On the website of The Washington Post on January 31, Chris Mooney posted an article titled, “A new battle over politics and science could be brewing. And scientists are ready for it.” A day earlier, ProPublica posted an article about President Trump’s nominee for Secretary of Education, Betsy DeVos, with the alarming headline, “DeVos’ Code Words for Creationism Offshoot Raise Concerns About ‘Junk Science’.”
If anyone had any doubt that the current administration is at the very least skeptical of science, if not opposed to it nearly completely, these two headlines should speak a powerful truth: unless the results of scientific inquiry can be monetized immediately, or those results do not threaten the money-making industries of the oligarchy, this administration has little to no interest in continuing the scientific inquiry and exploration that has been the bedrock of American ingenuity for nearly four centuries. The two-pronged approach in evidence muzzles scientists and suspends or caps funding, particularly for government projects (or so current events indicate) while also curtailing the accuracy of science education across elementary and secondary schools, which could leave high school graduates with a substantial scientific knowledge deficit and make it harder for those educated in America to continue in the hard sciences at the college level. Our hope of reversing global climate change and all its attendant problems across the fields of science hinges on funding research, building scientifically sound industries, and teaching our children and youth well so they can continue the work for their generation and their children’s, as well.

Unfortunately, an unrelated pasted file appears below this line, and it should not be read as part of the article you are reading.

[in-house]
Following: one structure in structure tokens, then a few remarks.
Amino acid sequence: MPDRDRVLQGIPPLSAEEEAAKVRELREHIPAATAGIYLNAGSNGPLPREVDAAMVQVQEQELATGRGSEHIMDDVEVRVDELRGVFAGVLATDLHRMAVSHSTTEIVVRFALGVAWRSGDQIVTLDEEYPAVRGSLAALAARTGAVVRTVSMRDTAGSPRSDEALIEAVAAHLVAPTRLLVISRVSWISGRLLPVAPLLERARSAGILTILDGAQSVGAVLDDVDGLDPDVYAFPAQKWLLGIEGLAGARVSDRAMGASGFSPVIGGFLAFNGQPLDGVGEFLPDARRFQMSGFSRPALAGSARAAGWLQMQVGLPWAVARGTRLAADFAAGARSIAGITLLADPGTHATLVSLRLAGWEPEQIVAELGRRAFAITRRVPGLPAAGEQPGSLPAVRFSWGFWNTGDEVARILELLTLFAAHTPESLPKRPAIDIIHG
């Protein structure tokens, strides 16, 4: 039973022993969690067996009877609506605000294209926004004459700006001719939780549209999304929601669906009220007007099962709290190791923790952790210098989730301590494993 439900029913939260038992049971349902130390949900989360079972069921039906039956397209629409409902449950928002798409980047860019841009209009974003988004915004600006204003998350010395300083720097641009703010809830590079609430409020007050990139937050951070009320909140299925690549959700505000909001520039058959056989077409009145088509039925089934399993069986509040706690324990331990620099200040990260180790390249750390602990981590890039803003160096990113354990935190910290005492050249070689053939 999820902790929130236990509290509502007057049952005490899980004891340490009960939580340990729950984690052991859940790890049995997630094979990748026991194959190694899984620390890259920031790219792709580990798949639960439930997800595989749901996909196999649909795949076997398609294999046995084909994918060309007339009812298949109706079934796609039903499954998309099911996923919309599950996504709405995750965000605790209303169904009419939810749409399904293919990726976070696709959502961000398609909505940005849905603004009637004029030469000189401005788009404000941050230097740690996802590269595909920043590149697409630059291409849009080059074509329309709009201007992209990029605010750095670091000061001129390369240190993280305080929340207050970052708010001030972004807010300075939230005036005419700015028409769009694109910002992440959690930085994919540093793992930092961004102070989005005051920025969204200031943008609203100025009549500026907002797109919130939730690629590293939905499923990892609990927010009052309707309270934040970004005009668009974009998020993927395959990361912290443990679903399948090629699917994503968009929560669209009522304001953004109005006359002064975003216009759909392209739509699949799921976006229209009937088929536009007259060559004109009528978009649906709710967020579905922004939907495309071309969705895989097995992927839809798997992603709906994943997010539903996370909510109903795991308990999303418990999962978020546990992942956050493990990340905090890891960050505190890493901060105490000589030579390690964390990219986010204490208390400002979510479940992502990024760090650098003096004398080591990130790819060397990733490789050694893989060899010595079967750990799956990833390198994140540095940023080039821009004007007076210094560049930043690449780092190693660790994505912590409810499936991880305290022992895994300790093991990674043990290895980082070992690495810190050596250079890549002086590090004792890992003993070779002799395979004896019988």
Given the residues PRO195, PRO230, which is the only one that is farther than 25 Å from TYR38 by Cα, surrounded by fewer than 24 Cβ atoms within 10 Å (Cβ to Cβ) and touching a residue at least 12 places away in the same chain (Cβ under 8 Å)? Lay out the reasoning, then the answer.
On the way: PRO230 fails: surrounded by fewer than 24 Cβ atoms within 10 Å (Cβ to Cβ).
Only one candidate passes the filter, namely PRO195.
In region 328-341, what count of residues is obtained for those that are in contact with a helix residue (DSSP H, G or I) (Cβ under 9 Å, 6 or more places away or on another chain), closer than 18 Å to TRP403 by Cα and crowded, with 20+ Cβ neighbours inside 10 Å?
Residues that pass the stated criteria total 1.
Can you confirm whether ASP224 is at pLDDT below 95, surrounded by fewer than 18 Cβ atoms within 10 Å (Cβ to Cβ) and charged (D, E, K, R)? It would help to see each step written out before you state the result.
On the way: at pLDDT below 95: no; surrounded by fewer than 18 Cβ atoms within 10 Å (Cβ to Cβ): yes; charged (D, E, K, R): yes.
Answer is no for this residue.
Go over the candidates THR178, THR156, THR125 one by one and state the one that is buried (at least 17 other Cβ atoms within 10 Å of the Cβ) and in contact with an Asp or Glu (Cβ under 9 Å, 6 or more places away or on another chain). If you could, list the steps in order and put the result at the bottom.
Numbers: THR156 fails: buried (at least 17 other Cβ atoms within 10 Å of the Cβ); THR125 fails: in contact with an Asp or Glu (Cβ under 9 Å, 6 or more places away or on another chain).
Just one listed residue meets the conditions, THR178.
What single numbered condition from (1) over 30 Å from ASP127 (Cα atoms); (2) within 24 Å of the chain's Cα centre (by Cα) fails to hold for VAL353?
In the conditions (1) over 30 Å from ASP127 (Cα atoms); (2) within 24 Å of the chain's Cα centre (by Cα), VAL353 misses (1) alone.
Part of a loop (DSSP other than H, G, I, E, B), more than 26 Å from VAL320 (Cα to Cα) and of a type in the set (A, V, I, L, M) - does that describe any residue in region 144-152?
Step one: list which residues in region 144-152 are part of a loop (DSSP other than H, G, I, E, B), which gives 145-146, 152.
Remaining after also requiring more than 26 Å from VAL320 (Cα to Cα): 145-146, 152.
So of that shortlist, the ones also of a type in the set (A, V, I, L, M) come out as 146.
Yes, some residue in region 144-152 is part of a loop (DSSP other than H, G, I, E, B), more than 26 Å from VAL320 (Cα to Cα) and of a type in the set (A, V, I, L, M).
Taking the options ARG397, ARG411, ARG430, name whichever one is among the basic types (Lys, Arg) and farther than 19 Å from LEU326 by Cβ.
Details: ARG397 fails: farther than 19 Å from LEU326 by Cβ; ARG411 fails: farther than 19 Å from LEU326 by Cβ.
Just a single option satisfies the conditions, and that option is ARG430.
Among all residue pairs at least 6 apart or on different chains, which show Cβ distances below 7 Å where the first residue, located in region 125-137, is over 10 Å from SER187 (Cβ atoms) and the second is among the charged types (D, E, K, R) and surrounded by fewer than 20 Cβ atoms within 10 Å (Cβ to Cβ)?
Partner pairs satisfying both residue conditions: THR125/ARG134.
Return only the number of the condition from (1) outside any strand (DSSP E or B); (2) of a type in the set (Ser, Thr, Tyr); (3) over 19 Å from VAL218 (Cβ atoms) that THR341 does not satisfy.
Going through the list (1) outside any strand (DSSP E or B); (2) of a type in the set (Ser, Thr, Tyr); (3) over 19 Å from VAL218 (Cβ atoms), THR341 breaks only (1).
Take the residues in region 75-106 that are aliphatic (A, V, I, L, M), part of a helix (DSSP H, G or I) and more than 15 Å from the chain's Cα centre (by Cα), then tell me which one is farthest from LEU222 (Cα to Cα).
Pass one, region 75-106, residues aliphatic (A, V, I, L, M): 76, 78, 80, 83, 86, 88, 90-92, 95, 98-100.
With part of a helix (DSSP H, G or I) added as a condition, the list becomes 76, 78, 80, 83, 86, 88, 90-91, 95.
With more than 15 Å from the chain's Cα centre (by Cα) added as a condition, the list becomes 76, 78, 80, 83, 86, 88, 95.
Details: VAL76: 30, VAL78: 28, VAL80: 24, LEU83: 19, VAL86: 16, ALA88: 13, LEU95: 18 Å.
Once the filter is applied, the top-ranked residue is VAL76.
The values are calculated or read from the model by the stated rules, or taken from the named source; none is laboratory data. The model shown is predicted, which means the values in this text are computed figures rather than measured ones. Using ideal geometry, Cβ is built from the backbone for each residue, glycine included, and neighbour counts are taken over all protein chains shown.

Of particular concern to me as a Christian is that the Secretary of Education designee has a history of supporting “Intelligent Design” (ID) as a valid scientific theory of the origins of life on Earth. Despite an excoriating judgment against ID in the 2005 federal district court case Kitzmiller vs. Dover Area School District authored by Judge John E. Jones III, supporters of the cause continue to prod for openings into science classrooms. Phrases such as “teach the controversy” and, as Ms, DeVos said in her testimony before the Senate Health, Education, Labor, and Pensions Committee, “critical thinking.” ring alarm bells for those who have skirmished with ID backers in the past. In particular, the phrase “critical thinking” is at issue in Texas, where once again the State Board of Education has overruled the subject area specialists to insert material of questionable value to students that had been removed in the teacher recommended standards for high school biology. Opponents of this material fear an opening for the teaching of ID or undisguised creationism. Proponents say that the material, which includes “the complexity of cells, the origin of life and abrupt appearance and stasis in fossil records,” is an opportunity for students to explore the possible explanations for such events.